By Sarah Mockford, Rugby World Features Editor
I WAS indulging in some girly pampering on my day off on Friday, but I couldn’t resist the odd glimpse at my Twitter feed. That’s where I saw the news that John Kirwan was out of the running for the England job because he was seen as too inexperienced. After reading that I needed a few more treats to perk me up.
Kirwan, you see, was the man I favoured to take over the England reins if Stuart Lancaster’s interim spell did, in fact, turn out to be interim. And to rule him out on experience grounds because he hadn’t coached one of the ‘Big Eight’ countries seemed daft to me.
For a start, he’s been involved in more World Cup games (23) than anyone (11 as a player for New Zealand, four as Italy coach and eight as Japan coach). Okay, he’s not coached one of the world’s top eight countries but surely experience in the game’s showpiece tournament counts for something, especially when the next England coach will be guiding the team to a home World Cup in 2015.
Then look at his most recent coaching record with Japan. With Kirwan in charge, Japan rose from 19th to 11th in the world rankings – an impressive leap. His Japanese side also caused France numerous problems in their opening game of last year’s World Cup, a couple of late French tries putting an undeserved gloss on the scoreboard. The schedule proved their undoing after that, but he had Japan playing an attractive rugby style that suited their skill-set. What could he do with the playing resources, not to mention money, available in a country like England? Well, sadly we won’t find out because he won’t be given the chance.
He’s probably seen as too much of a risk, something of an unknown. But a quick look at two recent World Cup-winning coaches shows that sometimes it’s worth taking a punt. Sir Clive Woodward led England to glory in 2003 but when he took over the England reins in 1997 he was Andy Robinson’s assistant at Bath and internationally had only worked with England U21. That choice proved something of a masterstroke as he had a vision that suited the professional era. Kirwan hasn’t even been given the chance to put forward his vision at an interview.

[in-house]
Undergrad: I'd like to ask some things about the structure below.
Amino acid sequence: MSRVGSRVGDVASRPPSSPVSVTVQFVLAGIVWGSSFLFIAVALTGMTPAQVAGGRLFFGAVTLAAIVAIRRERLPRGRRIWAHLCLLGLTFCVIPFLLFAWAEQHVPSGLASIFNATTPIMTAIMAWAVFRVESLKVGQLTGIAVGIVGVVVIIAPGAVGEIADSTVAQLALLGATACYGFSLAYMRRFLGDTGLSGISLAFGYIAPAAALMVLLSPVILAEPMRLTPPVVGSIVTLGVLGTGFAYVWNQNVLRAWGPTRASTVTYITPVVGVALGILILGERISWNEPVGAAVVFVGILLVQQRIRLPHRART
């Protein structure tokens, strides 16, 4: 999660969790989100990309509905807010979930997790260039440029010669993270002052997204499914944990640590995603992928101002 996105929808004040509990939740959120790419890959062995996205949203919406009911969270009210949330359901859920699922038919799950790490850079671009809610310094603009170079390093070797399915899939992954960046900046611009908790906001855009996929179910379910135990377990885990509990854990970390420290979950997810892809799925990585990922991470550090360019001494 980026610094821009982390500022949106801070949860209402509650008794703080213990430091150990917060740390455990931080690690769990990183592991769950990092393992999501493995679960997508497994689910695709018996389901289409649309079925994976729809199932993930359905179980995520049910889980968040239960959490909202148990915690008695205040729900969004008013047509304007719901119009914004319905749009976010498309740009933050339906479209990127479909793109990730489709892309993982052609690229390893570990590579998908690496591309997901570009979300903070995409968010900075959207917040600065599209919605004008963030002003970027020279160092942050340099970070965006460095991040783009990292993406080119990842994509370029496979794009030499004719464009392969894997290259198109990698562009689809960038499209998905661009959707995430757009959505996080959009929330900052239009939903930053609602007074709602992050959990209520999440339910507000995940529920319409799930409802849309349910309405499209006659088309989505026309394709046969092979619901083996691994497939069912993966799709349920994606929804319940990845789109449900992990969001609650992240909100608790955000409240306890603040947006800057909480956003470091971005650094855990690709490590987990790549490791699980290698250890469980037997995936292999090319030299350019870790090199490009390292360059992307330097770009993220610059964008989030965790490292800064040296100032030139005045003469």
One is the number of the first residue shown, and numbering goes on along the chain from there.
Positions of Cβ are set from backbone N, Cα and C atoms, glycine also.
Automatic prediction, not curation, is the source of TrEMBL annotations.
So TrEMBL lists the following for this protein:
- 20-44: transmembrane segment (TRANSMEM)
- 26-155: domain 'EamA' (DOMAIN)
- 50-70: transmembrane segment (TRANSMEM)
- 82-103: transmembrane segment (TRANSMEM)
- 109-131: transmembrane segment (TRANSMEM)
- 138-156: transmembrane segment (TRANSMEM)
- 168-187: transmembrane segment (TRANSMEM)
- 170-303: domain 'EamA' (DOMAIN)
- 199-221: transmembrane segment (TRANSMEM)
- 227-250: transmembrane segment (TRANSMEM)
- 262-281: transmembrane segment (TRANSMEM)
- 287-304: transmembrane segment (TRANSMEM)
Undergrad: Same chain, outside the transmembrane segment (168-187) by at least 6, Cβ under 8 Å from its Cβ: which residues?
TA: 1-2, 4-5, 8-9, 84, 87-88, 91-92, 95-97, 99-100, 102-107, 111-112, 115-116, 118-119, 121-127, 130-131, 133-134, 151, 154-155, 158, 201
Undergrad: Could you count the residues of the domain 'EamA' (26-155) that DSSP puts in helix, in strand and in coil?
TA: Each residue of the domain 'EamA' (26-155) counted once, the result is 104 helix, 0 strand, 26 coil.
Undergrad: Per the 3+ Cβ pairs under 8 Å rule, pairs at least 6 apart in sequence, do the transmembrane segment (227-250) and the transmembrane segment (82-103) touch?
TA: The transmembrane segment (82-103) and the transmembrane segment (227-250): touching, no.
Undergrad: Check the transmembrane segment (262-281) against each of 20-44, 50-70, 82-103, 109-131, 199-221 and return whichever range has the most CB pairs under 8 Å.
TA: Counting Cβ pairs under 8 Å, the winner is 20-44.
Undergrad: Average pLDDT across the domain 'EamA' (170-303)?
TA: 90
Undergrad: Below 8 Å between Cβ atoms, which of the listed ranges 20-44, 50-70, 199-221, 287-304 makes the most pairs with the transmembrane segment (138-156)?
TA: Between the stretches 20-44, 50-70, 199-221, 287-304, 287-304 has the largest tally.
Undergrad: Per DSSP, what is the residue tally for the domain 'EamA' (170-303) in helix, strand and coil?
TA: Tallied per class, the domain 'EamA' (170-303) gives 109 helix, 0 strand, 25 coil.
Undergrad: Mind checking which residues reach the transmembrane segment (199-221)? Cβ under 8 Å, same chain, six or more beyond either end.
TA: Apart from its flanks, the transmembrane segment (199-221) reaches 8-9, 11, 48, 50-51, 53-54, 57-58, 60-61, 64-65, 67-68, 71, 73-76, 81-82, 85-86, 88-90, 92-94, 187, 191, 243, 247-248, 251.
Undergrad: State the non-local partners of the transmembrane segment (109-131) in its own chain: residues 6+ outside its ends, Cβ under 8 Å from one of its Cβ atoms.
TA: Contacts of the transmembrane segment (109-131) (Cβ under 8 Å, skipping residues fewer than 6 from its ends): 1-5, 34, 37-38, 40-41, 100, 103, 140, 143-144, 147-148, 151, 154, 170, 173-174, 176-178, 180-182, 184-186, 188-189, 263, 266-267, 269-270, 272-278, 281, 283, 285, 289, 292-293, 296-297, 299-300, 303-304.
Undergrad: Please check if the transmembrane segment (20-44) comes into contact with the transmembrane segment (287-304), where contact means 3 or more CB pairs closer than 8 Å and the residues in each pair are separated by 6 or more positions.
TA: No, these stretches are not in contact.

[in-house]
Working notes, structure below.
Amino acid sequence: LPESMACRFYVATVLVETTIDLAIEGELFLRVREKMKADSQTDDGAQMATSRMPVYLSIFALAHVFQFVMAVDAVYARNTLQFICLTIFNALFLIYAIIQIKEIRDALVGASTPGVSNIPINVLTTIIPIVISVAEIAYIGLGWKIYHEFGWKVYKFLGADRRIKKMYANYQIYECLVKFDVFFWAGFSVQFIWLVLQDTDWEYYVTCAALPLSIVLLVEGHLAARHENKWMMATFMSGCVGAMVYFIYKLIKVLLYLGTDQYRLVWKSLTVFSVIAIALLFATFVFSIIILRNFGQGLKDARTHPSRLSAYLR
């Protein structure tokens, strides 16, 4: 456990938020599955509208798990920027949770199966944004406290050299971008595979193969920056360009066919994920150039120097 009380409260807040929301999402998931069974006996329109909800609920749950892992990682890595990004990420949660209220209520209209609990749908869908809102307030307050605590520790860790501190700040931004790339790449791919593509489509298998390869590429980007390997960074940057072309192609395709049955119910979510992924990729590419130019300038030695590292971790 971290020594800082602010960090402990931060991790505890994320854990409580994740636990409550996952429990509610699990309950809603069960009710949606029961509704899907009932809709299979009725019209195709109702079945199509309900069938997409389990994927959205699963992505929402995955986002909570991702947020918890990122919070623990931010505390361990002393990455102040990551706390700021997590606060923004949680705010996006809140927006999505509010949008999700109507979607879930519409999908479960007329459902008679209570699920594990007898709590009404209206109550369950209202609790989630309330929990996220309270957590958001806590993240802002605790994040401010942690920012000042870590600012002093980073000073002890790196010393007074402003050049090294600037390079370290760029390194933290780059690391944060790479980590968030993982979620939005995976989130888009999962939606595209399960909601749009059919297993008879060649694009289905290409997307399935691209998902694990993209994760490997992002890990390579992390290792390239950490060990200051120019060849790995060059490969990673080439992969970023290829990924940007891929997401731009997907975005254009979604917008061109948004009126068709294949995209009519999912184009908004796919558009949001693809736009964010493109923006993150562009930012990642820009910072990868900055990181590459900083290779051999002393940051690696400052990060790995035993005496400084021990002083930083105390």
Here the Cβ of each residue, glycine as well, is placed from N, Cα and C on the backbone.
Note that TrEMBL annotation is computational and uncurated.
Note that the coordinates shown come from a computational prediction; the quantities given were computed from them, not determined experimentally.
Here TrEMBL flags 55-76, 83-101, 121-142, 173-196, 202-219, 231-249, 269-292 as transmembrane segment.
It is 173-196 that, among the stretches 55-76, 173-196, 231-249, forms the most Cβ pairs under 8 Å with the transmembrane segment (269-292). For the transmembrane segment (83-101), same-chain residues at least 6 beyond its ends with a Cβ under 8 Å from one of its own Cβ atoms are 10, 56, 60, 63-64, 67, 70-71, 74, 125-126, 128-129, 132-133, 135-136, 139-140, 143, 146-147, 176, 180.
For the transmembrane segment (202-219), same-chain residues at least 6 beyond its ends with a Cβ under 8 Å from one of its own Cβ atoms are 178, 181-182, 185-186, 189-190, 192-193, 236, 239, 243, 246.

Jake White’s coaching experience was limited to schools and international age-grade rugby when he became South Africa coach in 2004, but his Springboks went on to lift the Webb Ellis Cup in 2007. So experience isn’t everything.
As it was the headhunting firm employed by the RFU that informed Kirwan he wouldn’t be put forward for an interview, I also have to ask why there was a need for headhunters in the first place. It seems like a waste of money to me. Everyone worth knowing knew there was a vacancy and if a coach can’t be bothered to apply for one of the biggest jobs in rugby then he shouldn’t even be considered for the job. The RFU should be looking for someone with enthusiasm and drive, not someone who needs to be mollycoddled and persuaded to apply for the post.
People are saying the job is now Nick Mallett’s to lose, but with Kirwan out of the running I’d like Lancaster to be given the opportunity full-time. He’s got even less experience than Kirwan but at least he was granted an interview. He’s created a great buzz within the England squad and the players have bought into his approach, so why break up a happy camp?Like Rugby World? Subscribe to the magazine for the latest comprehensive content.